EVERY TIME TOM Cruise and Nicole Kidman use the word "fuck" in Eyes Wide Shut, it comes out of their mouths like some new teen lingo they're not sure they're using properly. The word is not so much said as carefully pronounced, as if to express its full nuance. Similarly, Stanley Kubrick's latest and last movie has sexual content without actually being sexy or even particularly taboo; sadly, the rumors of cross-dressing and necrophilia are false. The most daring event is the sort of masked ball that used to crop up in 1960s Europorn—men standing aloof in black cloaks and grotesque masks while a lot of naked women meander about and a few intrepid souls hump dispiritedly on a piece of uncomfortable antique furniture—a display that's ornate and theatrical, yet mundane and fundamentally dull.
Eyes Wide Shut
directed by Stanley Kubrick
starring Tom Cruise, Nicole Kidman
now playing at Pacific Place, Guild 45th, Factoria, others
It didn't have to be this way. Eyes Wide Shut starts off with a surprising, enticing lightness unseen in Kubrick flicks since Lolita; the notoriously controlling director managed to shake off the self-parody that strangled his last movie, Full Metal Jacket. Another surprise: the first half-hour of Eyes Wide Shut actually grapples with human emotions, probing the ambiguities that lie between emotional commitment and sexual desire in the marriage of Bill and Alice Harford (Tom Cruise and Nicole Kidman). But the movie soon stops being about their relationship and fixes on Bill's obsessive jealousy over one of Alice's sexual fantasies. This leads him on a curious, episodic descent into the previously mentioned sexual underworld (although perhaps "basement apartment" would more accurately describe it). Even more tame is Bill's complete lack of complicity; he never bites the forbidden fruit that's all around him. Maybe it's because any action would require Cruise to take off his underwear, which he mightily resists. (As is so often the case, female nudity exceeds male nudity by a gross margin in this movie. Tom never shows more than a glimpse of haunch; Nicole is extensively on display from top to bottom—especially bottom—as are many other women.) Bill's hands-off behavior allows the movie to take its next turn and become an old-fashioned thriller, in which an innocent man has gotten himself into something he doesn't fully comprehend but which threatens both his life and his moral code—sort of like Hitchcock with lots of tits. After the last sluggish hour, though, the movie doesn't so much end as expire.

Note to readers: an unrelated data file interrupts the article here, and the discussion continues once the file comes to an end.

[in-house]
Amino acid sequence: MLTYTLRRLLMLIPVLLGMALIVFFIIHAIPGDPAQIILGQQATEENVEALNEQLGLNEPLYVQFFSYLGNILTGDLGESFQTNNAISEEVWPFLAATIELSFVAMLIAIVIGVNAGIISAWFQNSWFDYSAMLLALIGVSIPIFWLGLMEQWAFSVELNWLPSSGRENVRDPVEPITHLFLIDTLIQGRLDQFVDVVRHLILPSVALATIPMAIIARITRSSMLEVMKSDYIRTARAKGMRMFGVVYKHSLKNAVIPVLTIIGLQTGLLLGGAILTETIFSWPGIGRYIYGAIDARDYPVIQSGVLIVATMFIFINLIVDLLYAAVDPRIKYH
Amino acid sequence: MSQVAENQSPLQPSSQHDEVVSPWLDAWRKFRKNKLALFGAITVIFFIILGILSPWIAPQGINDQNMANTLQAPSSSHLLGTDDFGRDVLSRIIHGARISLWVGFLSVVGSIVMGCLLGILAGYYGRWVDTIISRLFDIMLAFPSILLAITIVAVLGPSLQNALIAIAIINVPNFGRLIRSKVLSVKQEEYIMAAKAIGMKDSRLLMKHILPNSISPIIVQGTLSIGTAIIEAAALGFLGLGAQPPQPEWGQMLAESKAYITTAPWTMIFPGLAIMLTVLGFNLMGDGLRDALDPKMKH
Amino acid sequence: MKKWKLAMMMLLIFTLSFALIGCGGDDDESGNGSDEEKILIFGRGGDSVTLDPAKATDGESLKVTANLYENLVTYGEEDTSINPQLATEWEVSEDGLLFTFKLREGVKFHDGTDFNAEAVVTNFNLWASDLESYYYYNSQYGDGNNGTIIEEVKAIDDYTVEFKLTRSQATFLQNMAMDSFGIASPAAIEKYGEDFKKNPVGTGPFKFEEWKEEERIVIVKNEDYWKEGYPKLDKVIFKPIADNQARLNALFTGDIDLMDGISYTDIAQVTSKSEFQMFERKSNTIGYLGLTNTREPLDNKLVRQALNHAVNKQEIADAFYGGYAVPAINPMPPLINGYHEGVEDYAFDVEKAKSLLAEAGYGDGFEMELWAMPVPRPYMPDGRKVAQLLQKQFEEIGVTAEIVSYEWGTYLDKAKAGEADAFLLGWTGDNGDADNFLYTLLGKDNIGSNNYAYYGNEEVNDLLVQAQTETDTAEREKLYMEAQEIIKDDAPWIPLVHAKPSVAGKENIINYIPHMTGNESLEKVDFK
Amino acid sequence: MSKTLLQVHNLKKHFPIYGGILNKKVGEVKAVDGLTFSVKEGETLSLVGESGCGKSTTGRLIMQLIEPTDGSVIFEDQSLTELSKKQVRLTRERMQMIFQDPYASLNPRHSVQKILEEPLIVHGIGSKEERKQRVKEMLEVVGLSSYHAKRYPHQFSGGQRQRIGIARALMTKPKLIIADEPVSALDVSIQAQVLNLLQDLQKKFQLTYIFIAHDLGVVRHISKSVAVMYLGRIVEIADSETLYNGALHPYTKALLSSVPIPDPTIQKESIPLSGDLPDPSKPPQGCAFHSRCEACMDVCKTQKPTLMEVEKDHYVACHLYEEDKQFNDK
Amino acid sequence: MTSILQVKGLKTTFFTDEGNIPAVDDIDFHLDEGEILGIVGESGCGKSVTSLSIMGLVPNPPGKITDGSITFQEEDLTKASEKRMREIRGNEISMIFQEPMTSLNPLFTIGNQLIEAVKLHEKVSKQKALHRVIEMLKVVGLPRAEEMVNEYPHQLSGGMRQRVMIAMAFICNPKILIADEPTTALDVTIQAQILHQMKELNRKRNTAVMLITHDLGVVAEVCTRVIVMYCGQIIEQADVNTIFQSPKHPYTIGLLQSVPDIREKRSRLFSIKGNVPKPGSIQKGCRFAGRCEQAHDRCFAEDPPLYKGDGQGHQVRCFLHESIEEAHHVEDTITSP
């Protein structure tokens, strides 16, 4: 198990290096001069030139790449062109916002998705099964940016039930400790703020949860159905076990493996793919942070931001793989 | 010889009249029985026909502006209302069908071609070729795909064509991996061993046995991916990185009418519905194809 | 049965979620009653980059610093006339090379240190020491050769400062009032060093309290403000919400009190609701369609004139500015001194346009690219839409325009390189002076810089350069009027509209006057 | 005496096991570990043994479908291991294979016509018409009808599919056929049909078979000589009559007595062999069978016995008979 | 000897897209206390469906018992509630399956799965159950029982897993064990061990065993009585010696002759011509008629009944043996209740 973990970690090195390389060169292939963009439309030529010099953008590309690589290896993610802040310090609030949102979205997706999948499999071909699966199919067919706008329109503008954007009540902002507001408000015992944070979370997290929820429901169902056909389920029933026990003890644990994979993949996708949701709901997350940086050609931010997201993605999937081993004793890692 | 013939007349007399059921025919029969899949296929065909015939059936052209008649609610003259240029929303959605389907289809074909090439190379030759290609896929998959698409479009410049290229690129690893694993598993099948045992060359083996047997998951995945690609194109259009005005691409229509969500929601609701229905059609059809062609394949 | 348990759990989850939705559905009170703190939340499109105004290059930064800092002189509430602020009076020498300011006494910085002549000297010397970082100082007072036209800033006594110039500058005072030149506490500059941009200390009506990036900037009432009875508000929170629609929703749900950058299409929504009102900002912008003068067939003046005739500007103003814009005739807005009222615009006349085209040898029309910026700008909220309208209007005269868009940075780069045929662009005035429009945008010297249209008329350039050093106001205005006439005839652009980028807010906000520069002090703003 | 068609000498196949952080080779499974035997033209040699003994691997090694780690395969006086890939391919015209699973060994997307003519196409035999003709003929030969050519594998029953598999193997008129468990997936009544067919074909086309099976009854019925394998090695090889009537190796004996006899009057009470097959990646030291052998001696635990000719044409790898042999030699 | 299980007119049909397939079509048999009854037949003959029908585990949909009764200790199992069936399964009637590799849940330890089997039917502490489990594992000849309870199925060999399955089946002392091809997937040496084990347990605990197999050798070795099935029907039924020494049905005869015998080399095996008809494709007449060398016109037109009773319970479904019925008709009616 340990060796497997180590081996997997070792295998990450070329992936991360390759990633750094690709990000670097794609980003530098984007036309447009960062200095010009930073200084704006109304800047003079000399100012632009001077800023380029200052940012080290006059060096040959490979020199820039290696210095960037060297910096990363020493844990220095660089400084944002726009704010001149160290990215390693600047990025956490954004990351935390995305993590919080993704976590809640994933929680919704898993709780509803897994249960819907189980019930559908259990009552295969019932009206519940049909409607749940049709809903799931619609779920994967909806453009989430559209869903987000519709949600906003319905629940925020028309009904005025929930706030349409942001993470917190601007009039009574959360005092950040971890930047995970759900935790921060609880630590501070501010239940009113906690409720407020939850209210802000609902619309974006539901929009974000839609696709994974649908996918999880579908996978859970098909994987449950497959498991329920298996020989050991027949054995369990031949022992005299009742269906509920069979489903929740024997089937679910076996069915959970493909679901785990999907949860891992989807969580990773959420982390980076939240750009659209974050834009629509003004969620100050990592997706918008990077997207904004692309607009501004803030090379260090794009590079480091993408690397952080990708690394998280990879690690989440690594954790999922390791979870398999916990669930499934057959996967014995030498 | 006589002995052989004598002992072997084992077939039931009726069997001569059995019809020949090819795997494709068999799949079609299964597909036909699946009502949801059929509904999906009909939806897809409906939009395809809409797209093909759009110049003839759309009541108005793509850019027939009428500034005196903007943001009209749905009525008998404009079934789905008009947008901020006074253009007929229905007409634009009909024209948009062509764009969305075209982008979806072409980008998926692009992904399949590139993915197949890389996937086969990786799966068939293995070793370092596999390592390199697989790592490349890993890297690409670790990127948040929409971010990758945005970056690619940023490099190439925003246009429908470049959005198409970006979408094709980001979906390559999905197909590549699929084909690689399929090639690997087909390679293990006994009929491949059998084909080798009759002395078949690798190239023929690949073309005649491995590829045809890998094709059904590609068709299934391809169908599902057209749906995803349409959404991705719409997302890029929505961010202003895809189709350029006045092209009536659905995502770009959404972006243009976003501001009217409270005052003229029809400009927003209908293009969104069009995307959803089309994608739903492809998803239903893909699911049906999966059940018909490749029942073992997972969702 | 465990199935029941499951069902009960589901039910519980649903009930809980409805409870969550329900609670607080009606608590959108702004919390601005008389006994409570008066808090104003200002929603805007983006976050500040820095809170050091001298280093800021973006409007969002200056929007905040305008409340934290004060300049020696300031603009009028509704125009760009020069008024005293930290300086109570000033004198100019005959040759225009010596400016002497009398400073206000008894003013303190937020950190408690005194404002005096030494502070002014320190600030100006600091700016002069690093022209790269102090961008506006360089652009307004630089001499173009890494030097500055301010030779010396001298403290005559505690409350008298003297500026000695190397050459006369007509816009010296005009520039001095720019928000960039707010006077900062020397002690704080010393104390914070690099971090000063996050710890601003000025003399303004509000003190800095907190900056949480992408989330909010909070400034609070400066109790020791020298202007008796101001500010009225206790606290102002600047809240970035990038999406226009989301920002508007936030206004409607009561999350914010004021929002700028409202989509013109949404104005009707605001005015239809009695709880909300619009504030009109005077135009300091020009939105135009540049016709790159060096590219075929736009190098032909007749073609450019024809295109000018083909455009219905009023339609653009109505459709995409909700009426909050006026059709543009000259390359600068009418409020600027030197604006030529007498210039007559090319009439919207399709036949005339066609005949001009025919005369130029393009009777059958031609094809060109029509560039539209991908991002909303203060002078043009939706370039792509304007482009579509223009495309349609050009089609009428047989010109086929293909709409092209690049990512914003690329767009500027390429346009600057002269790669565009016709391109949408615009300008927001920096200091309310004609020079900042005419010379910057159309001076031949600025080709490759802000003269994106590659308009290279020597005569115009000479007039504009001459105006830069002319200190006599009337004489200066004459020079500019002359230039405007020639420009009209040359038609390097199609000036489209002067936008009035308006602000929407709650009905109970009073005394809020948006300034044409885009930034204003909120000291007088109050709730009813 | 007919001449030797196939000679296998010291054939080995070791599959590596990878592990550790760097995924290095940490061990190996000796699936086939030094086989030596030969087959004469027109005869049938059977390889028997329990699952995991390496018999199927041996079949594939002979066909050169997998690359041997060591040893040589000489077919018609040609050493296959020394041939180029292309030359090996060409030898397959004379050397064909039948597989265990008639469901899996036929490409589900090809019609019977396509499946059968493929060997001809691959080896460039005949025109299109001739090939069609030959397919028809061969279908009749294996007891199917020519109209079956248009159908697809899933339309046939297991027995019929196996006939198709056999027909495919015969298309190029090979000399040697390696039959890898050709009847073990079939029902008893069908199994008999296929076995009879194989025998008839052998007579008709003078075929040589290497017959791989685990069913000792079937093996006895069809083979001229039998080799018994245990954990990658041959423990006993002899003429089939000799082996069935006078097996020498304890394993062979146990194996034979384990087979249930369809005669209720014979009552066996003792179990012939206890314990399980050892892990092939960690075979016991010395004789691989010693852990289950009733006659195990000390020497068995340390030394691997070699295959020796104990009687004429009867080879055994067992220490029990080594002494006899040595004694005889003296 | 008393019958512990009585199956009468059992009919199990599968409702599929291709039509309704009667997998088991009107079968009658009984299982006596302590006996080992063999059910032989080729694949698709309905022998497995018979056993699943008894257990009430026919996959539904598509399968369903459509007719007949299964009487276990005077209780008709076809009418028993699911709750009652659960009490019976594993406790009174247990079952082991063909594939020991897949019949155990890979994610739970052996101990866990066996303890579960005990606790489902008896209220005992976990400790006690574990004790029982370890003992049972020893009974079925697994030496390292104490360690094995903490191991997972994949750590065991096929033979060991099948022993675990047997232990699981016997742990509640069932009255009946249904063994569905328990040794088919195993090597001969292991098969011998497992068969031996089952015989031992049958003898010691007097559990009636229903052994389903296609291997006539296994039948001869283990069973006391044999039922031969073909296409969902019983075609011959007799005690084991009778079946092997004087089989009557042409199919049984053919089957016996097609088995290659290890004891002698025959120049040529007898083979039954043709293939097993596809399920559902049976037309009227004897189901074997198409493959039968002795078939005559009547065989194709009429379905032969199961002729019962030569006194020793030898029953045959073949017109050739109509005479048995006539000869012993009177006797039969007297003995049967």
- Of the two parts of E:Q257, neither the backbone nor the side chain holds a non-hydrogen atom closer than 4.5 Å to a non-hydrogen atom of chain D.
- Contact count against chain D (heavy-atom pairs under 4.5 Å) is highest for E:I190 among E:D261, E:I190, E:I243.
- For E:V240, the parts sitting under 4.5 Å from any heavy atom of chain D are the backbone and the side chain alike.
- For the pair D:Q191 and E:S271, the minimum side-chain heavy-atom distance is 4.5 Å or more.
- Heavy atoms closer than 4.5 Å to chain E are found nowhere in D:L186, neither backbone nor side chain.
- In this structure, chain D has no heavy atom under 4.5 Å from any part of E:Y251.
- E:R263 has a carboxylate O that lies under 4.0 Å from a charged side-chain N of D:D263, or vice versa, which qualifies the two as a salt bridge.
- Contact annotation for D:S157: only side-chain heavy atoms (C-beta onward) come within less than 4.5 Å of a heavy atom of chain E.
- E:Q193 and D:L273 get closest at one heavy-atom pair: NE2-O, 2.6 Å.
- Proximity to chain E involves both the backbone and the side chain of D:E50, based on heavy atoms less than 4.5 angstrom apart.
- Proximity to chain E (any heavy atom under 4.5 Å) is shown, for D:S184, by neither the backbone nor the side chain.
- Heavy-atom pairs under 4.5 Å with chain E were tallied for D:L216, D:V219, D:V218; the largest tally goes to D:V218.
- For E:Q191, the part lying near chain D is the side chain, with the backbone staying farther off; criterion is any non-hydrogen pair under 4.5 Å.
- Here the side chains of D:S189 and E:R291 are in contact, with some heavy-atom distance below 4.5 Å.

Despite its disappointments, Eyes Wide Shut has some gripping scenes and some outstanding cameos (particularly Rade Sherbedgia as a costume shop owner and Alan Cummings as a hotel desk clerk). Tom and Nicole are only slightly distracting in their Tom- and Nicole-ness and actually do a good job. Kubrick's relentless perfectionism has worked miracles with Cruise, who largely avoids his hammy acting habits. The visual compositions are consistently gorgeous, but the editing spurts and languishes. Sometimes the pace and efficiency of the storytelling crackles; other times, it's incomprehensible why scenes take so goddamn long. Rather than summing up a career, Eyes Wide Shut feels like a transitional work from a director who's reevaluating his usual bag of tricks, finding new juice in some techniques and flogging others beyond the point of exhaustion.
In the past, Kubrick's lesser movies have survived their overall weaknesses through the director's gift for obvious yet compelling ironies; in fact, their obviousness underscores their power—scenes like the rape conducted to "Singin' in the Rain" in A Clockwork Orange or Slim Pickens riding a dropped bomb like a wild bronco in Dr. Strangelove. Eyes Wide Shut never achieves that kind of crystalline metaphor, but at its best it has a lean, subtle smoothness that has just started to slide under the characters' skins when the movie gets sidetracked by the mechanics of its plot. Kubrick's possible next project, AI, was purportedly going to be about a robot boy ignorant of his artificiality. Given a career in which the most emotionally resonant character was the computer HAL in 2001: A Space Odyssey, this might have allowed Kubrick to fully delve into his own humanity. Too bad we'll never know.